In the age of social media, are young people more concerned with the number of likes on their Facebook posts and their number of Instagram followers than living authentically?
It’s the progressive age, and the requisite dogma is that the self is the supreme being. You are what matters, and you are the be-all and end-all of our precious Generation Z.
Why shouldn’t this be so?
After all, our political structure is built on the concept of the self. We believe that third-parties thrive on our opinions, on updates of our lives—where we ate lunch, what we bought, the job promotion you bagged—when frankly, nobody cares. But, that doesn’t stop us from promoting our personal life. We all thrive on trending hashtags, snapchat streaks, and reaction emojis—the more the better.
We need social validation for our existence, and this is what compels us to assert ourselves in the cyber world, in the real world, in our imaginary world, where we believe our voice is heard, loud, clear, distinct and different from the millions.
But deep down, we know it’s all a mere illusion—every man is separate from one another, distant but strangely similar in essence. In the universal struggle to ‘fit in’ somewhere, somehow, to be recognized, we’ve effectively shaped ourselves to society’s stereotypes of being ‘unique.’ Becoming ‘unique’ is the propulsion that drives us.
In an effort to be distinguished and yet liked, a part of the ‘cool’ crowd, we project every little personal detail on social media.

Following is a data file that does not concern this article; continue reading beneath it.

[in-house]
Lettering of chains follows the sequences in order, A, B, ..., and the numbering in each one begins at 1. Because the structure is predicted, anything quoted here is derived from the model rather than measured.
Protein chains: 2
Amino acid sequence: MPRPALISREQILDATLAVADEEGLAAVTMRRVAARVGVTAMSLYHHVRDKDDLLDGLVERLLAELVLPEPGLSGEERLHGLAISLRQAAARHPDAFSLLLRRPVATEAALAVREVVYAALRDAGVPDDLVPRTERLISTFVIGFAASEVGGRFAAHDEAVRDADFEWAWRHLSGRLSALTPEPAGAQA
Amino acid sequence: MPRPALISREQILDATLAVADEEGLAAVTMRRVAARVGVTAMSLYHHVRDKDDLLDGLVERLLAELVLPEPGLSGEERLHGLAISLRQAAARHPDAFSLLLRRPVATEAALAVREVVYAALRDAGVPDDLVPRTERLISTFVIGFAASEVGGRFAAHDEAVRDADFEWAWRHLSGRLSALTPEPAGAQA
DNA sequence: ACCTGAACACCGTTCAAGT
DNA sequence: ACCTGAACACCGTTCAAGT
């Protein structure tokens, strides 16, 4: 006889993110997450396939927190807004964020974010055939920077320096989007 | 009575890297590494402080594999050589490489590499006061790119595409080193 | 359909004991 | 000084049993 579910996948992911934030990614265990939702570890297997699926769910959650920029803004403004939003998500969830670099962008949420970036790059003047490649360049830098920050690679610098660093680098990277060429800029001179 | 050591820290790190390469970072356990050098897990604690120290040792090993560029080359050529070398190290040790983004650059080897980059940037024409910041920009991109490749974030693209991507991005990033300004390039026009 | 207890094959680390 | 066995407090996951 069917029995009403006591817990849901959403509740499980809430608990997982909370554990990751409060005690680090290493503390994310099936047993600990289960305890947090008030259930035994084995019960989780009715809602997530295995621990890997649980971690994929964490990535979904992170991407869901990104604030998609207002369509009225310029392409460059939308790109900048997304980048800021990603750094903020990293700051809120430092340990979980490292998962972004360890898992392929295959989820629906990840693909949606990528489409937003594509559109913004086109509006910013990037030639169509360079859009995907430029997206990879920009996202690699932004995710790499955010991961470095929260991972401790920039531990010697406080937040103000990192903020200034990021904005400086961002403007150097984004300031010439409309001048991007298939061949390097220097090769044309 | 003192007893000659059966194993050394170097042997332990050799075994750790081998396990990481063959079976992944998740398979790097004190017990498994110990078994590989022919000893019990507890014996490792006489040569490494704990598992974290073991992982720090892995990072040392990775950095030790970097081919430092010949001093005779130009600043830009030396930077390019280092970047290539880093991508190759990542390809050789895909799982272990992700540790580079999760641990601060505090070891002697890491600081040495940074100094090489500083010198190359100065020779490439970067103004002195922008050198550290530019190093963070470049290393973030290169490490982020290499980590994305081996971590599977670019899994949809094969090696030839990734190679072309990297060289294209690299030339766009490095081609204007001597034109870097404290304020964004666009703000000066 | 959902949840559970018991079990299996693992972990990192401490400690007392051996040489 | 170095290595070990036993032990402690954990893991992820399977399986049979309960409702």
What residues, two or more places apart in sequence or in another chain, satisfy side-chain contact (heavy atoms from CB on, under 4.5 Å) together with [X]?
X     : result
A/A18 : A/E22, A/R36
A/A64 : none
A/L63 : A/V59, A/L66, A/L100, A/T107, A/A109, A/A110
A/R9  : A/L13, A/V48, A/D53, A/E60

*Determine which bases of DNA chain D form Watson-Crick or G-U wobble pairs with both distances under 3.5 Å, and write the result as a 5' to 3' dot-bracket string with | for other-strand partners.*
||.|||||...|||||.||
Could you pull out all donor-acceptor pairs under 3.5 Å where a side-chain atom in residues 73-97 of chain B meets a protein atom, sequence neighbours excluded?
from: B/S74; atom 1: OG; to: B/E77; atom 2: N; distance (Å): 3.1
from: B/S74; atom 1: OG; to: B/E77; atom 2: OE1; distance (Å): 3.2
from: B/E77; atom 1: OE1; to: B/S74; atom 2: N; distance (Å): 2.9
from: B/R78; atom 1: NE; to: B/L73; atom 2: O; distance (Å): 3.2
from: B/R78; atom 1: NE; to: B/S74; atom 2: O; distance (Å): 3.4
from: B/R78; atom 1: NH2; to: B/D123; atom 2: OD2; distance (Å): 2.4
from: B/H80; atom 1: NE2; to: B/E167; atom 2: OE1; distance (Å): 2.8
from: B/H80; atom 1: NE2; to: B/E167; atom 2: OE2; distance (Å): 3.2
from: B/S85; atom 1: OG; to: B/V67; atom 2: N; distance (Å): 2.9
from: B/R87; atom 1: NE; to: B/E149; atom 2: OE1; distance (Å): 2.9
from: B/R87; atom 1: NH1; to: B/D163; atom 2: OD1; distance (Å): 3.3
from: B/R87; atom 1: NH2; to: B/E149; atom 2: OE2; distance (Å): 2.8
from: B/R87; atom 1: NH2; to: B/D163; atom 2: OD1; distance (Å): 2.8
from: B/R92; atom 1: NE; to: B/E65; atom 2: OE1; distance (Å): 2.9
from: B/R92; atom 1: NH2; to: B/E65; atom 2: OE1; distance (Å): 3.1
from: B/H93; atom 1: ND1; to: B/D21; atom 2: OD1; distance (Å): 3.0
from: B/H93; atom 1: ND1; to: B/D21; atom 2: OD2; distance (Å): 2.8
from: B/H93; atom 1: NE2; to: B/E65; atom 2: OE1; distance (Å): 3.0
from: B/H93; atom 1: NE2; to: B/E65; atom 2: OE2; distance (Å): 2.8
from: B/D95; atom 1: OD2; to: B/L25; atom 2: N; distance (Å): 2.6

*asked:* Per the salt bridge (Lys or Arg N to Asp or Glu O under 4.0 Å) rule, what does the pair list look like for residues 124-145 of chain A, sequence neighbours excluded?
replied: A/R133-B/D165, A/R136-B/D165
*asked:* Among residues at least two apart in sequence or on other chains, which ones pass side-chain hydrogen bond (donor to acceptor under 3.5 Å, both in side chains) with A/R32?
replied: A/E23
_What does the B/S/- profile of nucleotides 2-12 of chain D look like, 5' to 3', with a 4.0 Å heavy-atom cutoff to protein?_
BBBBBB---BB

We celebrate friendships online and have endless conversations there, but face-to-face our personality crumbles and we’re reduced to awkward silences at best. Social media is our primary driver, and we’re satisfied with this dumbed-down lifestyle, where we think only of our social media likes and our number of followers.
So we eat, sleep, shop, sing, dance, act for others. We prioritize the views, opinions of others, crave reputation, but rarely think of our own happiness. We’ve successfully made ourselves believe that our happiness comes from these things. And now we’re virtual beings instead of flesh-and-blood, living people.
Social pressure has decided the need for us to be ‘different’ and ‘accredited,’ but the paradox lies therein with this obsessive urge is what has forged us to be inherently similar in the core of our being – ‘wannabes’, cold, detached and self-centred.
This generation has the tendency to trivialize others’ issues and amplify our own and, in some cases, make a mountain out of a mole-hill. And this isn’t always a vice. It’s just the norm of today, which we keep up with little effort to break it. We’re content in the confidence that we are different, unique, and important.
Hopefully, some day – perhaps sooner rather than later, we’ll accept the brutality of the disparaging truth: the individual psyche of this generation is just a microcosm of the society in which we exist. We’ve fit perfectly to that stereotype. Now the best we can do is widen our vision as much as we can, look ahead and live our as truly ‘different’ from the rest as is possible.